Kids love to get involved in whatever mum or dad is up to around the home, especially in the kitchen! The kitchen is a great place for sparking their creativity and they can learn so much from simple baking tasks and easy recipes.
Whether it’s making savoury snacks or sweet treats, baking is a great activity that can be done as a family and there’s (hopefully) something delicious by the end of it too…just be prepared to see more mix on the floor than in the bowl! Baking with kids is also a great opportunity for them to learn new skills and enjoy their own creations.
Check out our top ideas for getting creative in the kitchen…
What do they love to eat?
If your kids have favourite treats or snacks, teaching them how to make them from scratch can be a great way of increasing their understanding of the importance of healthy eating. If you’ve got a herb garden or vegetable patch – even better! Get them interested in where their food comes from by gardening with the kids right from the start. Believe it or not there’s loads of tasty recipes with herbs and veg included. Try a lemon and thyme shortbread, orange and rosemary cake, a traditional carrot cake or a courgette cake (sounds odd but tastes delicious!).
Make baking with the kids fun and easy
When you start baking with kids, look for simple recipes that have a small number of ingredients to keep their interest focused on the job at hand. Cupcakes are a great place to start as you really only need 5 ingredients; sugar, butter, self-raising flour, eggs and vanilla essence. Add a fun twist by letting your little one do the decorating. Get creative with icing, sprinkles, sweets and whatever else they fancy!
Gingerbread men are also an easy recipe to start with. The best thing about baking gingerbread treats is the decorating! Head over to our gingerbread men recipe blog for an easy to make recipe. It’s completely vegan too!
Gluten free chocolate cake recipe
This gluten free cake recipe is sure to be a hit with all the family. The recipe makes enough for everyone to enjoy and it’s so simple that you can get the kids involved too!
350g unsalted butter
350g caster sugar
100g unsweetened cocoa powder
200g gluten-free self-raising flour – Ground almonds work really well and make for a more ‘fudgy’ nutty texture
2-3 tbsp milk
For the buttercream:
50g dark chocolate
175g icing sugar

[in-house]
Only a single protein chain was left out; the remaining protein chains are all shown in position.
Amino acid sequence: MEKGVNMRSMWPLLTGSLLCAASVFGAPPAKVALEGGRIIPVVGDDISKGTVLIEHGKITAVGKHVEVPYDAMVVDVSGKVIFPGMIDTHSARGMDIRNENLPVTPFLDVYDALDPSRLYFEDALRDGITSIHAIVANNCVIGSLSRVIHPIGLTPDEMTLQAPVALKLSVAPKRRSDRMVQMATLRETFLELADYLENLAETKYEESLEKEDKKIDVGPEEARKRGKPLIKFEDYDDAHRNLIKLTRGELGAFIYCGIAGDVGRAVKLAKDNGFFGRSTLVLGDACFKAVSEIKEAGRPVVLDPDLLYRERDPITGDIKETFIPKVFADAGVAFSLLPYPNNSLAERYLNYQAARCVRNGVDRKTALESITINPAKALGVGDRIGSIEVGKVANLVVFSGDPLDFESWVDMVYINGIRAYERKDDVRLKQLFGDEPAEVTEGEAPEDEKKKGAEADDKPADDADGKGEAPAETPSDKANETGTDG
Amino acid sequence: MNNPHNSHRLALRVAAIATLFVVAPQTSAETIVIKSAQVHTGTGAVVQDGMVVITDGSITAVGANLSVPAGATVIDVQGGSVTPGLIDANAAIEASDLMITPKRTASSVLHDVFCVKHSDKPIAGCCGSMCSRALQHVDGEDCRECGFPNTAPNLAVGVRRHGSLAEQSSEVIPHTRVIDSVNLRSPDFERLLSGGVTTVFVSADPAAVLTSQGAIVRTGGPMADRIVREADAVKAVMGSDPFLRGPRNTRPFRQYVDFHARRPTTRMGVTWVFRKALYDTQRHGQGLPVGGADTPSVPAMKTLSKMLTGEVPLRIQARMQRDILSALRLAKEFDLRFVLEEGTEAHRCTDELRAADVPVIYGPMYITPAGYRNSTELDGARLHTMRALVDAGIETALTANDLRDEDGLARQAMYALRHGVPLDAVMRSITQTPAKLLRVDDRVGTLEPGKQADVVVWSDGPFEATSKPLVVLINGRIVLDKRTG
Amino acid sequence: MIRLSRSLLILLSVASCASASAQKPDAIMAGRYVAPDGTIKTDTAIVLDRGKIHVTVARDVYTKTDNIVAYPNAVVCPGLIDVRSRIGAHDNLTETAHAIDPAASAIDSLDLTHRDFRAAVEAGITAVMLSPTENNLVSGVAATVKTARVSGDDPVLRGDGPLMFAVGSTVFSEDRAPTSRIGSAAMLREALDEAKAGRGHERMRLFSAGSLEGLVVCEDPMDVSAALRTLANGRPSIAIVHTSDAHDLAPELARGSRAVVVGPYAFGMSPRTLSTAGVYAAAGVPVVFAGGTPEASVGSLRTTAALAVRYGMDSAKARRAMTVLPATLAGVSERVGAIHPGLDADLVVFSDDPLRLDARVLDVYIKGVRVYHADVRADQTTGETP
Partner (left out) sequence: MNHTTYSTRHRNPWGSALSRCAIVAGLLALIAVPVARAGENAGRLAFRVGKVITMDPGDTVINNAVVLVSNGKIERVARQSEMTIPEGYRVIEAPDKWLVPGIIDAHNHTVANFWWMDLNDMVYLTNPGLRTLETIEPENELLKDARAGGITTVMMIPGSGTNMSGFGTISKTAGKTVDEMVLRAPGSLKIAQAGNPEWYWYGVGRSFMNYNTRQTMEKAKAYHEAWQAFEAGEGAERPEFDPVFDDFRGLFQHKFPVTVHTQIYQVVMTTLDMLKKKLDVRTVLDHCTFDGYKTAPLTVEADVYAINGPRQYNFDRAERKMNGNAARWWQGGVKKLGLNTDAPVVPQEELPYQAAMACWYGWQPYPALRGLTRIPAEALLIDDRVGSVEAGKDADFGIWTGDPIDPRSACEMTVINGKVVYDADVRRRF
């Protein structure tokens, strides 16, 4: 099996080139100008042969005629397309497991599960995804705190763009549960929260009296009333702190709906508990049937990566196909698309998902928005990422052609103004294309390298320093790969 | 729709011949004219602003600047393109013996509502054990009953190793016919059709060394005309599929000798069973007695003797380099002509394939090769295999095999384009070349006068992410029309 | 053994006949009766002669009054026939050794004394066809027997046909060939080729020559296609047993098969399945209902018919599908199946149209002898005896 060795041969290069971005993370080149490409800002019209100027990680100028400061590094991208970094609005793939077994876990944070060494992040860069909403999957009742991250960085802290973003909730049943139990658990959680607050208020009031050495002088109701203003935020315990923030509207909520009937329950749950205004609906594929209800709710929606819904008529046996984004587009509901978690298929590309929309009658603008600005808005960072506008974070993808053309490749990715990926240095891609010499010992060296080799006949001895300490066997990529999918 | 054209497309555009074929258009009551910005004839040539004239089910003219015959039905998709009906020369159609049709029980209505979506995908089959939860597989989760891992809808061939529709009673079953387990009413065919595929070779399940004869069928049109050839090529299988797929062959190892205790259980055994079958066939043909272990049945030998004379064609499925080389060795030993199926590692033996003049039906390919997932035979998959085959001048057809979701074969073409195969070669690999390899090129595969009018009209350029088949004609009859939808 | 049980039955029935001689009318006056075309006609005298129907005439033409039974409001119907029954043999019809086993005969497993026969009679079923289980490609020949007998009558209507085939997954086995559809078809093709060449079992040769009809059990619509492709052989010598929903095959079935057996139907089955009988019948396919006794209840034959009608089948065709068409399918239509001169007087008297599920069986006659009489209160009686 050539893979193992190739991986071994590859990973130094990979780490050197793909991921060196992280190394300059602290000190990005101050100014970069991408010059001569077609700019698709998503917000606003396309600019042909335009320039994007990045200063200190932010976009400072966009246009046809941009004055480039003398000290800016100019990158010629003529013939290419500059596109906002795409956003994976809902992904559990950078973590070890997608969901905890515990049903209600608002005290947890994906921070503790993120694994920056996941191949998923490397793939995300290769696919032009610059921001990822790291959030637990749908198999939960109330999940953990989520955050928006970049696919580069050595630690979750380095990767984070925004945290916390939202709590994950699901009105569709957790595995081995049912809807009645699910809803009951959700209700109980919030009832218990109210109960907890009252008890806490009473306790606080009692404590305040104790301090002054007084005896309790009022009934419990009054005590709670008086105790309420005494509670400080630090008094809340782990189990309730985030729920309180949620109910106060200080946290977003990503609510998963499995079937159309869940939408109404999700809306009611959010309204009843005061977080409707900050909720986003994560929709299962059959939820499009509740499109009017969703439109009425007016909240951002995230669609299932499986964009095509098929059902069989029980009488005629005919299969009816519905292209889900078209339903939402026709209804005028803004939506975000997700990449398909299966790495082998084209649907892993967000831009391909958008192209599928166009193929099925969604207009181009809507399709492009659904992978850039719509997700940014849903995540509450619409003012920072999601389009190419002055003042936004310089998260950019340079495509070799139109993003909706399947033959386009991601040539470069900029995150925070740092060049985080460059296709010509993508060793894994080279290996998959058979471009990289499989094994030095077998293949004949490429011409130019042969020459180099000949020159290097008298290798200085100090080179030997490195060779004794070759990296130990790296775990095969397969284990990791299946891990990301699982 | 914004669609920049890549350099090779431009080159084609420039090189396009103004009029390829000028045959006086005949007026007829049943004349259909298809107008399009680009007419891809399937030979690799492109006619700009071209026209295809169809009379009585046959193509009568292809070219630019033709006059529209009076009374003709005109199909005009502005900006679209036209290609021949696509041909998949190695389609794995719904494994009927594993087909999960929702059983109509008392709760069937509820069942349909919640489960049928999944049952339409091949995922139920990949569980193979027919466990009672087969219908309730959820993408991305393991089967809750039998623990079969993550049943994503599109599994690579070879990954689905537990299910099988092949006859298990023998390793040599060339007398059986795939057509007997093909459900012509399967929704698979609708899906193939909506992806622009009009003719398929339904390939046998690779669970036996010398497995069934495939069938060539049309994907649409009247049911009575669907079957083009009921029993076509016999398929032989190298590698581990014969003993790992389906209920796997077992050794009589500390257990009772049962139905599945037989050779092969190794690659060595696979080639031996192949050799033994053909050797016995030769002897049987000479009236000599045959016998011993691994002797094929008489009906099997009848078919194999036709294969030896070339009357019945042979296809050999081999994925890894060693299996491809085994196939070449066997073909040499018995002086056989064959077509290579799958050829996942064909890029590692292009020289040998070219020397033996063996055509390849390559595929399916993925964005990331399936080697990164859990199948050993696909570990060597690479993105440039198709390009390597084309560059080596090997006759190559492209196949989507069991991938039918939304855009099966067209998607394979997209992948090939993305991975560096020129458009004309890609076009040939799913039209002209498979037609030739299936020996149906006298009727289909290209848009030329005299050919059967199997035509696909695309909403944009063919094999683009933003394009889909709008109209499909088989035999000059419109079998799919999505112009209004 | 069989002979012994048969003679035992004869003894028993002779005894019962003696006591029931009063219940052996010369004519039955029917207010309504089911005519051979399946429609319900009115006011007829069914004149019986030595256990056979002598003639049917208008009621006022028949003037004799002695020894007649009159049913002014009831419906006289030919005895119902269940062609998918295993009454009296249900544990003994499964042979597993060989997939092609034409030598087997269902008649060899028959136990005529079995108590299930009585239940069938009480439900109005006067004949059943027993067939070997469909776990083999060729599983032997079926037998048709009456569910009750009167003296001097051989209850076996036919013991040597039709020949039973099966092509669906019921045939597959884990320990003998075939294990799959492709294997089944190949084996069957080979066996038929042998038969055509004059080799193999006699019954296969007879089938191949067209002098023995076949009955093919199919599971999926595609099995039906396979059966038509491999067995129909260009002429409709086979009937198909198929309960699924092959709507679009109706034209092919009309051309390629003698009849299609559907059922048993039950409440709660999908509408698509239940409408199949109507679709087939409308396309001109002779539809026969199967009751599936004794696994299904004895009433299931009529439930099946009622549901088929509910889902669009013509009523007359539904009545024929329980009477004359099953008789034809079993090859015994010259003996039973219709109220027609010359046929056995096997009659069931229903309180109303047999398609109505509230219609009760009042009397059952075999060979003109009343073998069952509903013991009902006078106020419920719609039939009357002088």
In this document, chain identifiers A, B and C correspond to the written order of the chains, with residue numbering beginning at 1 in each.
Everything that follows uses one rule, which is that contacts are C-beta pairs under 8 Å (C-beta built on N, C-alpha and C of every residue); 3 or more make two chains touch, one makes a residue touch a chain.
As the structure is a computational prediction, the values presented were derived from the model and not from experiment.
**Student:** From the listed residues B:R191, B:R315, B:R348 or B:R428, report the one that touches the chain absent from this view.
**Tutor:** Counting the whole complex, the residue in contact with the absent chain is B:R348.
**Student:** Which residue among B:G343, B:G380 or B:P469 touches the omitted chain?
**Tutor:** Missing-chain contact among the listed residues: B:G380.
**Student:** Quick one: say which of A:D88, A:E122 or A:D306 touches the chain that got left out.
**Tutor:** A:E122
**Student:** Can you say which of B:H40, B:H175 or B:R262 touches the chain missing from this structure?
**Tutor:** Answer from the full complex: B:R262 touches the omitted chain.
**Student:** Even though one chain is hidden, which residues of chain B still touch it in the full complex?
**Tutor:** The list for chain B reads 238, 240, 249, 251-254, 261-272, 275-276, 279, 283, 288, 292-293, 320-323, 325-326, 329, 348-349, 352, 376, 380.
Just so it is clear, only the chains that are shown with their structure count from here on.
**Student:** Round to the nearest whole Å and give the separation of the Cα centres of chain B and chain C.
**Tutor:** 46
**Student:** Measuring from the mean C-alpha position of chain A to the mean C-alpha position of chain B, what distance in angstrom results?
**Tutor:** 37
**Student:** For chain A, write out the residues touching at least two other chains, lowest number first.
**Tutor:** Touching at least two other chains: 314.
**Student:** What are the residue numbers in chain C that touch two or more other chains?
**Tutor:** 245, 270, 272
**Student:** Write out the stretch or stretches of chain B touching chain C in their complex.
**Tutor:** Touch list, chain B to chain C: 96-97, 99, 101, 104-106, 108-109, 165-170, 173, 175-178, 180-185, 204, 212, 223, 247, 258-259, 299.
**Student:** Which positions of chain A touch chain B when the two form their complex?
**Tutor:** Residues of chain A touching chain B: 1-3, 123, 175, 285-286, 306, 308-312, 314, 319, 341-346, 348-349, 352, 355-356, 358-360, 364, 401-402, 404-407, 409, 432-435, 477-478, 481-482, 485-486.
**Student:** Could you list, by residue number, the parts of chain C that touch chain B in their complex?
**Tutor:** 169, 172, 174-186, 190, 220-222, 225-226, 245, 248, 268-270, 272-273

Fillings and toppings:
200ml double cream
Handful of strawberries and blueberries
Tips for the grown-ups: Pre-measure all the ingredients, so your little ones can be the chef, under your supervision of course!
- Preheat the oven to 170°C/340°F. Grease 2x 20cm tins (if you only have one tin simply cut the cake in half once cooked)
- Add butter and sugar into a bowl and blend. You might need a grown-up to help with this, as it can be quite tricky. The mixture should be nice and creamy once combined. Add one egg at a time, whisk then repeat
- Add pre-sieved cocoa and flour of your choice. The mixture is quite stiff, so at this stage add the milk a spoon at a time, it should just loosen the mixture up a little
- Divide the mixture into the tins. If using 2 tins bake for 20-25 minutes. If using 1 tin bake for 45-50 minutes. Leave to cool.
Melt the chocolate over a pan of warm water, ask a grown-up to help with this one. Whilst the chocolate is melting, add the butter and icing sugar to a bowl and mix together. Leave the chocolate to cool slightly. Add to the butter and icing sugar. If the mixture is a little runny, pop it in the fridge to firm up before spreading.
Whisk the cream until it forms light stiff peaks. Spread on one half of your cake. Lift the other half on top and press gently. With the back of a spoon spread the buttercream on top. Finish with some strawberries and blueberries. Enjoy!
Learning to bake is a great life lesson, especially for older kids who are becoming more and more independent. Teaching the basics of baking shouldn’t be overlooked but it needs to be fun as well. Pick a recipe a week to teach them how to bake…and by the time they’re fully grown and off to uni or moving out, you won’t have to worry about them going hungry.